If you are printing on clear material, silver or gold material, or any coloured materials you need to understand the relationship of inks with materials.
Most printing inks have a degree of transparency.
Normally this is ok as you print on white materials. The degree of transparency can depend on the ink type (water based or uv) and the method of printing. (eg. Digital inks can often be transparent but screen printed inks are much less transparent).
If you print on a base that is not white – the ink and subsequent look on the end product can be affected. This is because white is reflective, hiding the colour underneath and bouncing the light back to the surface to show the colour. Here is how:
- Opaque white is used under print colours to make them less or non-transparent.
- Sometimes in digital print a ‘double or 2xOpaque White is needed’.
- It makes the printed areas look like they ‘float’
Silver or Metallic Materials/Stocks
- Opaque White is used under print colours to make them less or non-transparent – resulting in a ‘shiny’ or metallic appearance.
- Note that printing colours on metallic base makes them darker if no opaque white is used.
- Varying the percentage of opaque white used can create contrast in ‘shiny’ to less shiny effects.
- This is often used for labels instead of hot foil stamping for cost considerations.
- Opaque White is used under print colours to make them truer to their original colour.
- Darker based stocks will absorb light in inks and make them a duller, less vibrant colour.
- Sometimes this is used for Black or Kraft stocks to make them look premium or more ‘natural’, but sometimes you don’t want that – so you layer white under it to keep the colour stronger and more vibrant.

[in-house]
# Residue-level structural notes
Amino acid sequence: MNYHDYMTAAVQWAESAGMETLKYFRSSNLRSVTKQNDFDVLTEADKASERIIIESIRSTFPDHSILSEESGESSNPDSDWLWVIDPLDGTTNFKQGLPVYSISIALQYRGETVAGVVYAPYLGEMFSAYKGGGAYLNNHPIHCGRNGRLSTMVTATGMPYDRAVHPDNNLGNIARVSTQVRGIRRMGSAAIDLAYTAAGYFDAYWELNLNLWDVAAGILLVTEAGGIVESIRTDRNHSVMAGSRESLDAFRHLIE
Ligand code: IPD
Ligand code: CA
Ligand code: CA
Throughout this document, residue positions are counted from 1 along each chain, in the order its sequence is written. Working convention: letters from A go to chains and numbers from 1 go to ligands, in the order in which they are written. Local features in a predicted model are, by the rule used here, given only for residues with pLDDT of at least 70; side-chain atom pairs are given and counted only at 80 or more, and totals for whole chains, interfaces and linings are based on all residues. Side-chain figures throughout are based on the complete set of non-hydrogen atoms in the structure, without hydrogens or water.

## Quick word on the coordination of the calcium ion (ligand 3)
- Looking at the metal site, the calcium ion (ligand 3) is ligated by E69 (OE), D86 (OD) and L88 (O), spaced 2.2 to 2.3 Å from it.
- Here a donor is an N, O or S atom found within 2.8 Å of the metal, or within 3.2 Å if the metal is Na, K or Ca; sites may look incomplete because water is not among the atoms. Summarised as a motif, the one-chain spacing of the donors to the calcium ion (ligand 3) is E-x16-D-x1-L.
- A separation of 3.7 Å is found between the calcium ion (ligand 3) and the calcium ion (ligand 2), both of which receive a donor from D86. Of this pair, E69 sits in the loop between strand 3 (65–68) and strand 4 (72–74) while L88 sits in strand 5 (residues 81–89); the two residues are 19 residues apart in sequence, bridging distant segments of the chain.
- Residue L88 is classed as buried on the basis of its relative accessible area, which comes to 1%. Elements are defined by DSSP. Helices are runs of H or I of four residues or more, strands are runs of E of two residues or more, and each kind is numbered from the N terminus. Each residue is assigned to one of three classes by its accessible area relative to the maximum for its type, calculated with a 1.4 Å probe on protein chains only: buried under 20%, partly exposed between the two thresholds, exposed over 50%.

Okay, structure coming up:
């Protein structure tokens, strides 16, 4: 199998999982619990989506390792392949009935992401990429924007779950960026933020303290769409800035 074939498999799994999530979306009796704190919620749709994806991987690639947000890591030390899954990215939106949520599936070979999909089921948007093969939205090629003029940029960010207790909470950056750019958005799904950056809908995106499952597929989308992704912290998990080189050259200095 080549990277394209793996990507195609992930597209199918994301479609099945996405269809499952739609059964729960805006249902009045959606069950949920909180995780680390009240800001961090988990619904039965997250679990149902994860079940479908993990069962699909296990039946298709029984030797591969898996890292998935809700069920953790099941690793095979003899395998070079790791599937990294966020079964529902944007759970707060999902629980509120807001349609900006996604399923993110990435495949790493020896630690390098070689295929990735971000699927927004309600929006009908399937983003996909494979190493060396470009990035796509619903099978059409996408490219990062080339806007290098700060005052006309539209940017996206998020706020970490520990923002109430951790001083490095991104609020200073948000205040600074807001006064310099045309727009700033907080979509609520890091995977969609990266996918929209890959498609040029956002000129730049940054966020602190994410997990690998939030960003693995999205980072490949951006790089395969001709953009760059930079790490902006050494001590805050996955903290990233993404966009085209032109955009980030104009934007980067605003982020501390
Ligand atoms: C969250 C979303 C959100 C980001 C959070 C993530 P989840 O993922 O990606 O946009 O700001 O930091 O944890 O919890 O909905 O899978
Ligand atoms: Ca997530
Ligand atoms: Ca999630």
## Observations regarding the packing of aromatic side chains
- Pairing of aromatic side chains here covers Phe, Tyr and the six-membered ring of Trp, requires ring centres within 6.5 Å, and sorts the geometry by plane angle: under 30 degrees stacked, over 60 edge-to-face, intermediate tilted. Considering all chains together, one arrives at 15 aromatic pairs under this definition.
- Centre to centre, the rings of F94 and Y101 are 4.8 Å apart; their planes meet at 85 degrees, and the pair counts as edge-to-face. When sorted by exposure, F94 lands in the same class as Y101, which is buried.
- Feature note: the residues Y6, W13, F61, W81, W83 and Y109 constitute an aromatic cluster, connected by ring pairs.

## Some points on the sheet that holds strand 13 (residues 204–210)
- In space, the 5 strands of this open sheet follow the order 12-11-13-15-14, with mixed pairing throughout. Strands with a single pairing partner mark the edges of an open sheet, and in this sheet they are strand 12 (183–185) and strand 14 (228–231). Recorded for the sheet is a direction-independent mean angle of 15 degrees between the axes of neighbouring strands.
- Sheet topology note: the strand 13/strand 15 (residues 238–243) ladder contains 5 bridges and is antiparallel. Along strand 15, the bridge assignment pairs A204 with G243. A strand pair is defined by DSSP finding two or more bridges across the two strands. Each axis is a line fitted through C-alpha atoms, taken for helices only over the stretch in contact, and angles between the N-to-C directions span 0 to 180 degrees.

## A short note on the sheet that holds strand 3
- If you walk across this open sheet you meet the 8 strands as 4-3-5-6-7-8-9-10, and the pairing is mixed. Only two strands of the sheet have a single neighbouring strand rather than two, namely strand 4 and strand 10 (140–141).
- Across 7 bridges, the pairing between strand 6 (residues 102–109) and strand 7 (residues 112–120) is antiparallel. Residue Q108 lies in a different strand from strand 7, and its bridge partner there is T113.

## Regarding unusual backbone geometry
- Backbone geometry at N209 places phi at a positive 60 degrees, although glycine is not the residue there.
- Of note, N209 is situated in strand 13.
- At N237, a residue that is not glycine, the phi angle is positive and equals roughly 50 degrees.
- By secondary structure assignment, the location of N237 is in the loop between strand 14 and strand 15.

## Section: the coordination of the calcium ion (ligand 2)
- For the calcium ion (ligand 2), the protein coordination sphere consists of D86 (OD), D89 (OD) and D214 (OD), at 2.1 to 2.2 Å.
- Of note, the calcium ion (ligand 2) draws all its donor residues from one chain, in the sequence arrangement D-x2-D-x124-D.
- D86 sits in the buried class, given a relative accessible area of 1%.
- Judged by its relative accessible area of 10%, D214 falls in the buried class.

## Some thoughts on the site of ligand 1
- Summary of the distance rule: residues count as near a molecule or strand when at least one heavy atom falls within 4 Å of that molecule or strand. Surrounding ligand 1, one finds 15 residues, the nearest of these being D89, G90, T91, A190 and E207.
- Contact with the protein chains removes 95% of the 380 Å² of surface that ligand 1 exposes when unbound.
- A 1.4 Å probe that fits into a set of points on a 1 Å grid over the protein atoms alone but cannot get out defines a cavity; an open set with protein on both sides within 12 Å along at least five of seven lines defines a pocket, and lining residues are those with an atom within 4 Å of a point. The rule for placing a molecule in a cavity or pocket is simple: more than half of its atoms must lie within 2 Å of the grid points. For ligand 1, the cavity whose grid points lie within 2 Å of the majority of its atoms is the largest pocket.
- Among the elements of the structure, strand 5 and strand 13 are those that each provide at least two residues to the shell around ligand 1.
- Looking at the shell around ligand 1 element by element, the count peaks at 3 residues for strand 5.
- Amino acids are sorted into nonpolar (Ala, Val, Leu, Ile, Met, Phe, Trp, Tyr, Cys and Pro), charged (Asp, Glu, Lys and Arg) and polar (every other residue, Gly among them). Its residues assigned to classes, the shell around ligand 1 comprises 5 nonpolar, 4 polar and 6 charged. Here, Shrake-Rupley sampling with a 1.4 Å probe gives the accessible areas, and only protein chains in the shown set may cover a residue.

How to set up Opaque White
- Opaque White layers should be created in your art file (ai or eps) as a separate layer.
- They are usually created not as the colour white – but as a light pink colour – to indicate that is the layer that is being created.
- Leaving print areas white on files usually means that NO ink is used – and the stock from underneath will show through. (which is ok if it is white – but must be considered if it is another type of stock)
When designing you may not really see how this works in the design, but if you are using one of the above alternatives to white – you must consider it – or the impact can result in something you weren’t expecting.
- Opaque white is printed first or underneath the other print colours, creating a light barrier to the substrate or end-use surface underneath.
Remember you can vary the percentage of opaque white:
- 100% – the layer will provide full coverage ‘under the ink colours’
- 99- 01% – it wil be gradually more transparent the less the %
- 0% – or no opaque white – means the inks will reflect the substrate below
Opaque white layers are like the die-line (cutter) layer – produced separately and then switched on and off to highlight the final product.
Be sure to check-out some of the creative ways we use opaque white and be sure to ask us if you have any questions.